Kindle 3, Kindle WiFi and the $9.99 boycott

The potential impact of the Kindle 3 and Kindle WiFi on the Agency Model isn’t really being discussed.

It’s worth wondering –

Will Kindle 3, Kindle WiFi owners cause a strengthening of the $9.99 boycott? Could they cause the downfall of the Agency Model?

Are people paying $139 for Kindle WiFi and $189 for Kindle 3 going to pay $14.99 for books?

Probably Not.

If you’ve waited for the price to get to $139 to buy a Kindle WiFi you’re likely to be willing to wait for an ebook to drop below $10. That or pirate the book or get it from the library.

New Kindle owners will probably stick to buying books that are reasonably priced.

$14.99 and $12.99 will frustrate new Kindle 3 owners and strengthen the $9.99 boycott

We’re now getting a lot of people who simply couldn’t afford to pay $259 for an eReader or didn’t think an eReader was worth that much. In either case they are likely to feel that an ebook isn’t worth $14.99 or even $12.99.

Such ridiculous ebook prices (especially since hardcovers are just a few dollars more and paperbacks are cheaper) will cause a lot of anguish and force new Kindle owners to choose from amongst the few available options –

  1. Pirate eBooks. Most people aren’t particularly inclined to do this – It’s too much of a bother and it isn’t exactly ethical.  
  2. Stick to books priced below $9.99.  
  3. Give in once in a while if you really want a book.
  4. Wait for the book price to drop.
  5. Get it from a library or buy it used for a few dollars.  

The Kindle Store might have 510,000 out of 630,000 books priced at $9.99 or below – However, most new releases are priced at $14.99 and $12.99. It forces new Kindle 3, Kindle WiFi owners to delay gratification and a lot will probably join the $9.99 boycott. 

Where do we currently stand with the $9.99 boycott?

We are in an interesting stalemate where the Agency Model has failed to establish $14.99 but has managed to get $12.99 working –

  1. In the top 25 – 8 books priced at $12.99. Rest below or at $9.99.
  2. In the top 50 – 13 books priced at $12.99, 1 at $11.99, and 1 at $10.99. Rest below or at $9.99.
  3. In the top 100 – 18 books priced at $12.99, 1 at $13.65, 1 at $11.99, and 2 at $10.99. Rest below or at $9.99.                              

22 books out of the Top 100 priced above $9.99 might not seem very bad. However, before the Agency Model the number used to be 4 to 8. 

On the other hand, 22 is an improvement from about a month back when there were 28 books at $12.99, 4 books at $14.99, and several at $11.99 in the Top 100.

$12.99 is the current new book price-point and new Kindle owners will hate it

What the last section does show is that the Agency Model has managed to establish a new $12.99 price point – most new ebooks arrive at this $12.99 price.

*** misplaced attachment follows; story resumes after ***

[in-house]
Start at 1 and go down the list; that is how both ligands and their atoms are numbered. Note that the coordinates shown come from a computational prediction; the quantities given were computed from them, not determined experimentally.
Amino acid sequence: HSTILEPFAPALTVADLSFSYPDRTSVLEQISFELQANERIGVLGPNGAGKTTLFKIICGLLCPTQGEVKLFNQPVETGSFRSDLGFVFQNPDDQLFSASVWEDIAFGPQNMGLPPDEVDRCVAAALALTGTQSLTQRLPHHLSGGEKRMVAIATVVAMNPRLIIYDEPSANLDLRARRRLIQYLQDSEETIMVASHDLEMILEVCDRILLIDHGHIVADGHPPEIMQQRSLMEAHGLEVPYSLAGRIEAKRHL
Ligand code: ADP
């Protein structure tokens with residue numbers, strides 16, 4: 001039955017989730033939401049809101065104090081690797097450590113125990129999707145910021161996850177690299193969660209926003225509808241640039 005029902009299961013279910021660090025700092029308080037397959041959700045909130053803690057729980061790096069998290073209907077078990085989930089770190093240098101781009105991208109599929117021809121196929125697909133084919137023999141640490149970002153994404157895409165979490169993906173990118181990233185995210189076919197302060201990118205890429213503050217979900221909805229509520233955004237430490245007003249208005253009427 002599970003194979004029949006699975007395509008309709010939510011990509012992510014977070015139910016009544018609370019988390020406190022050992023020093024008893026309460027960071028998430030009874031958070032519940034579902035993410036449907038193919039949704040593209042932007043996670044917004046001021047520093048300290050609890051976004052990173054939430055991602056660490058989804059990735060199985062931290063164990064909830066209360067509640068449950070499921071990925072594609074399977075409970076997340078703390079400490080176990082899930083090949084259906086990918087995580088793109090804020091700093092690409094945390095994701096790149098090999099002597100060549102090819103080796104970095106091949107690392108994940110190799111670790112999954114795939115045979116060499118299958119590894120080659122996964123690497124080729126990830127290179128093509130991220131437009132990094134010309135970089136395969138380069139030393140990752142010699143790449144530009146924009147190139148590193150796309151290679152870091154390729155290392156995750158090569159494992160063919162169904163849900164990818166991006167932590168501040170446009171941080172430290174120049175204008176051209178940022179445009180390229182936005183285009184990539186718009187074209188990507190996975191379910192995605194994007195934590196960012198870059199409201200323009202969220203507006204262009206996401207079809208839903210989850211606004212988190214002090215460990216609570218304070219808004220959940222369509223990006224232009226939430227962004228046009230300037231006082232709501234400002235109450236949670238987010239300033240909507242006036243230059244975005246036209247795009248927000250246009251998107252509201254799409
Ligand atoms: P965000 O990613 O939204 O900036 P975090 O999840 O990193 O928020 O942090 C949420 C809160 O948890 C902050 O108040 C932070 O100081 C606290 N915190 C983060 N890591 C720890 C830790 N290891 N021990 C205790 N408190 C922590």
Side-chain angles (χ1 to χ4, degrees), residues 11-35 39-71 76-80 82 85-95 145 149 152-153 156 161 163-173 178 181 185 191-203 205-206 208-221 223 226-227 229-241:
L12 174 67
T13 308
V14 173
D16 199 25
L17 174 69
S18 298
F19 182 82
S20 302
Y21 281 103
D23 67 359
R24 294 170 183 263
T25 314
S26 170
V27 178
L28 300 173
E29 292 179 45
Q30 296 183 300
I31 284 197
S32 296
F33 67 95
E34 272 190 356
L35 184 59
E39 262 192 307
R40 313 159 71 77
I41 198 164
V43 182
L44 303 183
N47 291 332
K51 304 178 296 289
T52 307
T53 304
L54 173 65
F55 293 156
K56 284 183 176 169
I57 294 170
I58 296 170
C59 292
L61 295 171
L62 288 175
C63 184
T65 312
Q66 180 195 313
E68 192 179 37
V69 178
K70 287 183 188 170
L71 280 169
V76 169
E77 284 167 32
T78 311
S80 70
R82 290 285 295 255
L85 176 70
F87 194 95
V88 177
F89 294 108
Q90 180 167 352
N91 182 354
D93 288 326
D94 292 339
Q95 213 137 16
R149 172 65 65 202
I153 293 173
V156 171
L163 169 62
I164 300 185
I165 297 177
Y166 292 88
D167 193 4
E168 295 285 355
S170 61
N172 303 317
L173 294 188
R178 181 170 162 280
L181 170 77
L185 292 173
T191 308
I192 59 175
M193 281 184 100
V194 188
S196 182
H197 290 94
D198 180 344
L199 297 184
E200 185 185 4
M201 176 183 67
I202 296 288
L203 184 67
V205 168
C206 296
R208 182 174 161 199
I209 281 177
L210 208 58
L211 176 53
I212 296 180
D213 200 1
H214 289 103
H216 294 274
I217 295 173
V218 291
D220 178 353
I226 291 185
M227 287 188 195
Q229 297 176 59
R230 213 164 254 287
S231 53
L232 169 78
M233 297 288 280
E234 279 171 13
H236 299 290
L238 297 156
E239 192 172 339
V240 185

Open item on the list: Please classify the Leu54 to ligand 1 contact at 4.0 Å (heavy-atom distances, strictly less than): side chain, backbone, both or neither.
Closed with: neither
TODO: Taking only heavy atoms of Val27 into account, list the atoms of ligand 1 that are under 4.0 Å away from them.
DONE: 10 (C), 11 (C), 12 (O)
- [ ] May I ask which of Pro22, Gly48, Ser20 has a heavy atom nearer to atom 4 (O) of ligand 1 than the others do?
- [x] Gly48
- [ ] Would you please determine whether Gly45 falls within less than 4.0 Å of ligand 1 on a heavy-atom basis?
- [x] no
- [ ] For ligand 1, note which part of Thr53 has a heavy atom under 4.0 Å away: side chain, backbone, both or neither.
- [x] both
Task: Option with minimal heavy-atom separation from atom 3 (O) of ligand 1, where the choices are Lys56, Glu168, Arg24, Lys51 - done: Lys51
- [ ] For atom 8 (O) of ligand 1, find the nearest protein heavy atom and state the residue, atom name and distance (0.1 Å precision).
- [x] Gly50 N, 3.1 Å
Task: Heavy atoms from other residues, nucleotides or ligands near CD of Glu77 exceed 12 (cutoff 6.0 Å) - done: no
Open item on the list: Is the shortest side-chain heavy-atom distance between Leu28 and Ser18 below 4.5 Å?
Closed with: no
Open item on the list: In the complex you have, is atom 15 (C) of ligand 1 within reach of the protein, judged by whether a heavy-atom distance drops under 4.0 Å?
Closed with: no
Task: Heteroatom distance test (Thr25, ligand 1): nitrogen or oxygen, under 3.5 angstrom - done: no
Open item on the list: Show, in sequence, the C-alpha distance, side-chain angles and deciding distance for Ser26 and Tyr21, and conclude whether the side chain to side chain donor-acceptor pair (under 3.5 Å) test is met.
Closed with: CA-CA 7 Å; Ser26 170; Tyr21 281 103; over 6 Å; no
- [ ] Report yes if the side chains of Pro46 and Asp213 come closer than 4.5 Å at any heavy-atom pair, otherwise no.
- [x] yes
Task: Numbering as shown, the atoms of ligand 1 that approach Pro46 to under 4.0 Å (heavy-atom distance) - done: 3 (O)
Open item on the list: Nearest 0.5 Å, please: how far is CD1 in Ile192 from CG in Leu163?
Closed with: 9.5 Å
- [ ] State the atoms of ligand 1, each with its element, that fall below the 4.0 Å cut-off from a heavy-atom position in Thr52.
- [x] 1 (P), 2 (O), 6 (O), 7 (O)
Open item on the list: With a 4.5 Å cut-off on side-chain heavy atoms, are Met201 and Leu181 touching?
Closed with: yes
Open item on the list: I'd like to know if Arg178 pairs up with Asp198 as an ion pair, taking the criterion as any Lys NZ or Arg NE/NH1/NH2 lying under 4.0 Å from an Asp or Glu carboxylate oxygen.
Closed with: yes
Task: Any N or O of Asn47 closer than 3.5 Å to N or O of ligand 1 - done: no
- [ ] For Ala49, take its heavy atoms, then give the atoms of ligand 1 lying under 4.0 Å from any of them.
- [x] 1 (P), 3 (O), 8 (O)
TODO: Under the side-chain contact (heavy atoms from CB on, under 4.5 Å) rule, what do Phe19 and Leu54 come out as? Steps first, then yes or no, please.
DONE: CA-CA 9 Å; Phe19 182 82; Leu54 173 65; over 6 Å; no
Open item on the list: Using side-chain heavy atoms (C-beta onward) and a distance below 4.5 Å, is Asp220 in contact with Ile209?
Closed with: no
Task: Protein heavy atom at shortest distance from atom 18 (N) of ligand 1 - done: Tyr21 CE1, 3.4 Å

The new wave of Kindle owners will attack this as they expected $9.99. They didn’t get the benefit of the ‘Try for $14.99, Settle for $12.99’ trickery Publishers played on all of us and will fight hard against $12.99.

There’s little doubt new Kindle owners will strongly resist the $12.99 and $14.99 prices of the Agency Model.

Will their resistance make a difference?

Can the Agency Model withstand Kindle 3, Kindle WiFi owners?

We do know a few things from the first Publishers vs Kindle Owners battle –

  1. $9.99 books sell better than $12.99 and $14.99 books.
  2. $14.99 failed as an experiment.
  3. Kindle owners (the ones who bought Kindles when they were $399, $299, and $259) fought hard against the Agency Model.
  4. Lots of Kindle owners participated in the $9.99 boycott. Lots of them still do.
  5. There’s a general perception that $9.99 is a fair price for new ebooks.

With new Kindle 3, Kindle WiFi owners we are going to see the same things and a few additional factors –

  1. New Kindle owners are probably more price-sensitive. They are going to come in expecting $9.99 prices.
  2. They are likelier to boycott prices above $9.99. They are likelier to buy books priced below $9.99.
  3. New Kindle 3, Kindle WiFi owners are going to help increase Kindle ebook sales. We may hit 15% to 20% market share by end of the year.
  4. They will strengthen the ranks of current Kindle owners – most of whom have resisted the Agency Model.
  5. Their arrival will revitalize current Kindle owners. Suddenly we all feel we have more say and Publishers seem weaker.

Publishers get a new group of Kindle owners who come in with the exact opposite mind-set of what Publishers would like. New Kindle owners are probably going to fight for $9.99 far more vigorously than current Kindle owners do.